The museum is celebrating the grand opening of a brand new gallery: The Palice Gallery of Latin American Art. The new gallery, which is located on the second floor of the museum in what used to be administrative offices, adds 2,300 square feet of exhibit space to the museum. The gallery features more than 200 objects of Latin American Art, ranging from Pre-Columbian to Spanish Colonial periods.
Museum curators hope the new exhibition space will inspire visitors to learn more about the history and significance of Latin American art traditions. Visitors can browse through educational resources and watch films in the gallery's video viewing room. The space also has bilingual interpretive materials to help art lovers get the most out of their visit.
The Tucson Museum of Art just opened a new Latin American art gallery — Photo courtesy of Tucson Museum of Art
The Palice Gallery has been outfitted with state-of-the-art LED lighting, security and environmental controls. Apart from the permanent collection, the new gallery will also showcase an ongoing rotation of contemporary art displays. As part of the new gallery expansion, the museum is also debuting a 2,350-square foot outdoor Latin American sculpture terrace.
Some of the highlights in the new gallery include a fragment of what may be an Olmec stela, or stone slab. The carving depicts a male figure standing in profile, holding what appears to be a spear. Museum curators believe the carving represents the El Tajin style of pre-Columbian Veracruz, Mexico. The piece dates back to sometime between 100 to 200 CE.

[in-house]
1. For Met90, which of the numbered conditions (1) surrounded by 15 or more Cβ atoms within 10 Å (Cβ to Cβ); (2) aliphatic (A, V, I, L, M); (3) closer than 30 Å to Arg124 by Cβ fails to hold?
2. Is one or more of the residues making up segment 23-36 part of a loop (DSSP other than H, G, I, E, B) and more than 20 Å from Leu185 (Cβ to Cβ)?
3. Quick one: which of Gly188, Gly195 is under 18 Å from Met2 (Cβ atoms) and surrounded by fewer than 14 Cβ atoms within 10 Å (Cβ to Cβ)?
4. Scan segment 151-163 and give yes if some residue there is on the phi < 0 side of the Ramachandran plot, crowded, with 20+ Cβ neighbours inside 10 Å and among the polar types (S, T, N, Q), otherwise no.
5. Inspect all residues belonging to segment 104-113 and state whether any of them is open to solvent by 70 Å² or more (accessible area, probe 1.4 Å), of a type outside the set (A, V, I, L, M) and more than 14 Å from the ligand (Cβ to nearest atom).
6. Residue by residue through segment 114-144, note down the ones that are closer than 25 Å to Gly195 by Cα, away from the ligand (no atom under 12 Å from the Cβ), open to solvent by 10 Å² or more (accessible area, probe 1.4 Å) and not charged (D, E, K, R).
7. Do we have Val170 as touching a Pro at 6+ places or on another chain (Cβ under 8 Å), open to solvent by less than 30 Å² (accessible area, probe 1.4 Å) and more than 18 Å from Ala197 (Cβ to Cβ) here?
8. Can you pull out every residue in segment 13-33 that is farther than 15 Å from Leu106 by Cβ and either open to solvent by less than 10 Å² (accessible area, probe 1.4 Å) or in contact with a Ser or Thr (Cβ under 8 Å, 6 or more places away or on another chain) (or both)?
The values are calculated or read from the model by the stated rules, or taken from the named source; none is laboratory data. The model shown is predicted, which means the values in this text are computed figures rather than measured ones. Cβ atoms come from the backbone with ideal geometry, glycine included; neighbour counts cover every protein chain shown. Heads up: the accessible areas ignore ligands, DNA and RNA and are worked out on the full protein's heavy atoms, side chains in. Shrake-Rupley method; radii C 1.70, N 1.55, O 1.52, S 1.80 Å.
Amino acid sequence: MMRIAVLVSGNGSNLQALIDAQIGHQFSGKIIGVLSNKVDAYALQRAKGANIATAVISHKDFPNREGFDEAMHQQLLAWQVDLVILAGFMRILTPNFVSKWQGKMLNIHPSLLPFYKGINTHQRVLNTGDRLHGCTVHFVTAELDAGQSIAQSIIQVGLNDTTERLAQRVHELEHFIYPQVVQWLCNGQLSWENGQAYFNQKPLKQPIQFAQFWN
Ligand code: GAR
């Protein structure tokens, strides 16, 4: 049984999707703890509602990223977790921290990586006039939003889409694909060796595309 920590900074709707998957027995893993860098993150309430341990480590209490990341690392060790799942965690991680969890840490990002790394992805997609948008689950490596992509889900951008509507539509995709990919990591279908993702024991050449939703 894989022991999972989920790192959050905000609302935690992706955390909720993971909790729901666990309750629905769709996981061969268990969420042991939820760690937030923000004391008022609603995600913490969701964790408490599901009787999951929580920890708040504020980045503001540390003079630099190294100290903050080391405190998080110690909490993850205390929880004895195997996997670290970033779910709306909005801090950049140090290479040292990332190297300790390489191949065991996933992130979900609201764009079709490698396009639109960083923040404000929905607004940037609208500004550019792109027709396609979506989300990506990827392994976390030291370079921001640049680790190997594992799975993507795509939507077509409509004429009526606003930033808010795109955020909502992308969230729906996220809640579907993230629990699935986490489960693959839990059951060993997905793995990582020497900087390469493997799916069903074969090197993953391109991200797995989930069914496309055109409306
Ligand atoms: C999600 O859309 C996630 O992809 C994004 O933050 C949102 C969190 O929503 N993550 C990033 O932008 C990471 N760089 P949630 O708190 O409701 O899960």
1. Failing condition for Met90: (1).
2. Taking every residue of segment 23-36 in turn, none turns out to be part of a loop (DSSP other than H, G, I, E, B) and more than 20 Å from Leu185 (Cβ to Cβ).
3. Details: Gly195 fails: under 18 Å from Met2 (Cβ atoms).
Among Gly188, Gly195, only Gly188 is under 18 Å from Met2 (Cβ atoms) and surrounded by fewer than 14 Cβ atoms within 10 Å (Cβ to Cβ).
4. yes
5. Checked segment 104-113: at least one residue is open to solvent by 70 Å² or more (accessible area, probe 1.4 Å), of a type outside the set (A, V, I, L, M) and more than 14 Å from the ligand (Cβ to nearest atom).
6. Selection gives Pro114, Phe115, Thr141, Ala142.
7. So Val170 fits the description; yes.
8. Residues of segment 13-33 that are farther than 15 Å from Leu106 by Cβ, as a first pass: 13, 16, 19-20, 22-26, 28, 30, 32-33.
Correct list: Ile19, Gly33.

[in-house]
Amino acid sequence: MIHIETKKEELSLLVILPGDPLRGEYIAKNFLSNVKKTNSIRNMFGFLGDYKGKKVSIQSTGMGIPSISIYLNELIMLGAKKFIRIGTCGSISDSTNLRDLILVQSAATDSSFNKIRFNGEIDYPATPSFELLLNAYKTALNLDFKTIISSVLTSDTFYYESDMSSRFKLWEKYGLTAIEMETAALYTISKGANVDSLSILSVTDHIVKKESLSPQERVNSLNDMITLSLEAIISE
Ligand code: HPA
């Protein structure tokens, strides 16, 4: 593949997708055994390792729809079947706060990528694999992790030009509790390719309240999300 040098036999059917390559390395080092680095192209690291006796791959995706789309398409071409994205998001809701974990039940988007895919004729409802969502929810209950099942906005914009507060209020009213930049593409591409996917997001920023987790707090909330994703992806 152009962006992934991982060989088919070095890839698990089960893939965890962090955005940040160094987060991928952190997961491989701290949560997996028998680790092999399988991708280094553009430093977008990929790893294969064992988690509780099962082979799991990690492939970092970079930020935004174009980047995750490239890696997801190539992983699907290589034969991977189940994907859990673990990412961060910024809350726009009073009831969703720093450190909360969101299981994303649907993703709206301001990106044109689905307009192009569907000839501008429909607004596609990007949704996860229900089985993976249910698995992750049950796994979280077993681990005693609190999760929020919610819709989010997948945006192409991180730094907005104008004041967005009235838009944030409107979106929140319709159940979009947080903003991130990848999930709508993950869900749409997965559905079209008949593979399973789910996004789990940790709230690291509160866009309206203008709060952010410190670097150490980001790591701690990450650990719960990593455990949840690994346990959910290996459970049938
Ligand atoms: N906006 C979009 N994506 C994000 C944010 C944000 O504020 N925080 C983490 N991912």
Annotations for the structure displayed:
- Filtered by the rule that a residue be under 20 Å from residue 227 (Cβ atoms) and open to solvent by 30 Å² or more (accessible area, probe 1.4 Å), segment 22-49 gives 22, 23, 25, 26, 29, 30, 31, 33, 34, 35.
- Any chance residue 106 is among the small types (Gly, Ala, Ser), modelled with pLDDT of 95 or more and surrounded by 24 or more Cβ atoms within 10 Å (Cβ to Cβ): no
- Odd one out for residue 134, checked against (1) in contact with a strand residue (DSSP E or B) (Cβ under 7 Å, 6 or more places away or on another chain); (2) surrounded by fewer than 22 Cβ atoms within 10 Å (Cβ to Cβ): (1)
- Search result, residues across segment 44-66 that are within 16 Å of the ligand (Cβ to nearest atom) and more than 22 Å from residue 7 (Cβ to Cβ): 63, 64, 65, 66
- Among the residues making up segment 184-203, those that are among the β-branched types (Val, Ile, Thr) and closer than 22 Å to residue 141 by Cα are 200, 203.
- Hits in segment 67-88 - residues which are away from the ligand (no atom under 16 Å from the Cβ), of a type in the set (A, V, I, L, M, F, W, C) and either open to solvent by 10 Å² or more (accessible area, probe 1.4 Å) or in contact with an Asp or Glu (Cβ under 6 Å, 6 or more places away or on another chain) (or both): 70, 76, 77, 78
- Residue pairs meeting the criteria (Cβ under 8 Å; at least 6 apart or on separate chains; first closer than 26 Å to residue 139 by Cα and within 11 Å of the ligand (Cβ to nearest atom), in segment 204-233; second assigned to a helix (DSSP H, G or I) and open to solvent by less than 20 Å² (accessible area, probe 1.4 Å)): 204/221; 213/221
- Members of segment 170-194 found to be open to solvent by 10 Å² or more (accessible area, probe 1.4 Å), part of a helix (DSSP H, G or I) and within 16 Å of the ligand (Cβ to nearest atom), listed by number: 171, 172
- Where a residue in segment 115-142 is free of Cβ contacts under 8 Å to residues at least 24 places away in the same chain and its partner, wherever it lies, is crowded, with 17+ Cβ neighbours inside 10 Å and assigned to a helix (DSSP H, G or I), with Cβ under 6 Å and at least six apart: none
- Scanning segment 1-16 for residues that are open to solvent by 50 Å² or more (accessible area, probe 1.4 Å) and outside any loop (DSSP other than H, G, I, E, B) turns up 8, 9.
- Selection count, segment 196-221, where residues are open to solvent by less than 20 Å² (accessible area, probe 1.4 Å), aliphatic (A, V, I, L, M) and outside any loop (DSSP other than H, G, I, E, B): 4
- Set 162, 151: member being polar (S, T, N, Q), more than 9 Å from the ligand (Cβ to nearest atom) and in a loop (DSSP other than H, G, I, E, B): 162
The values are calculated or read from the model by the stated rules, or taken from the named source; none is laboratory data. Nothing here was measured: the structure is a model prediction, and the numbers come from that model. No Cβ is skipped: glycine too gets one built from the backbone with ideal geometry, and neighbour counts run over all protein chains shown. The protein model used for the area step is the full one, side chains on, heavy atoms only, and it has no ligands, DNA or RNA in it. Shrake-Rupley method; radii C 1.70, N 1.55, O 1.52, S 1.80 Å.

From the gallery's Spanish and Post-Colonial collection, visitors can get an up-close look at a 17th-century wood statue of the Virgin of the Immaculate Conception, which features gilding, copper and lace. There are also several examples of contemporary Latin American folk art, like the Tree of Life by Mexican artist Aurelio Flores, which was created in the 1960s. It's an elaborate tree-shaped candelabrum featuring polychrome birds and flowers. The piece is representative of traditional Mexican folk art motifs and production techniques.
The Tucson Museum of Art is located in the historic El Presidio district in downtown. A handful of the city's oldest structures are adjacent to the museum. Visitors can enjoy free docent-led tours throughout the day, and the museum has a gift shop and cafe. Even better, free admission is available to everyone on the first Sunday of every month.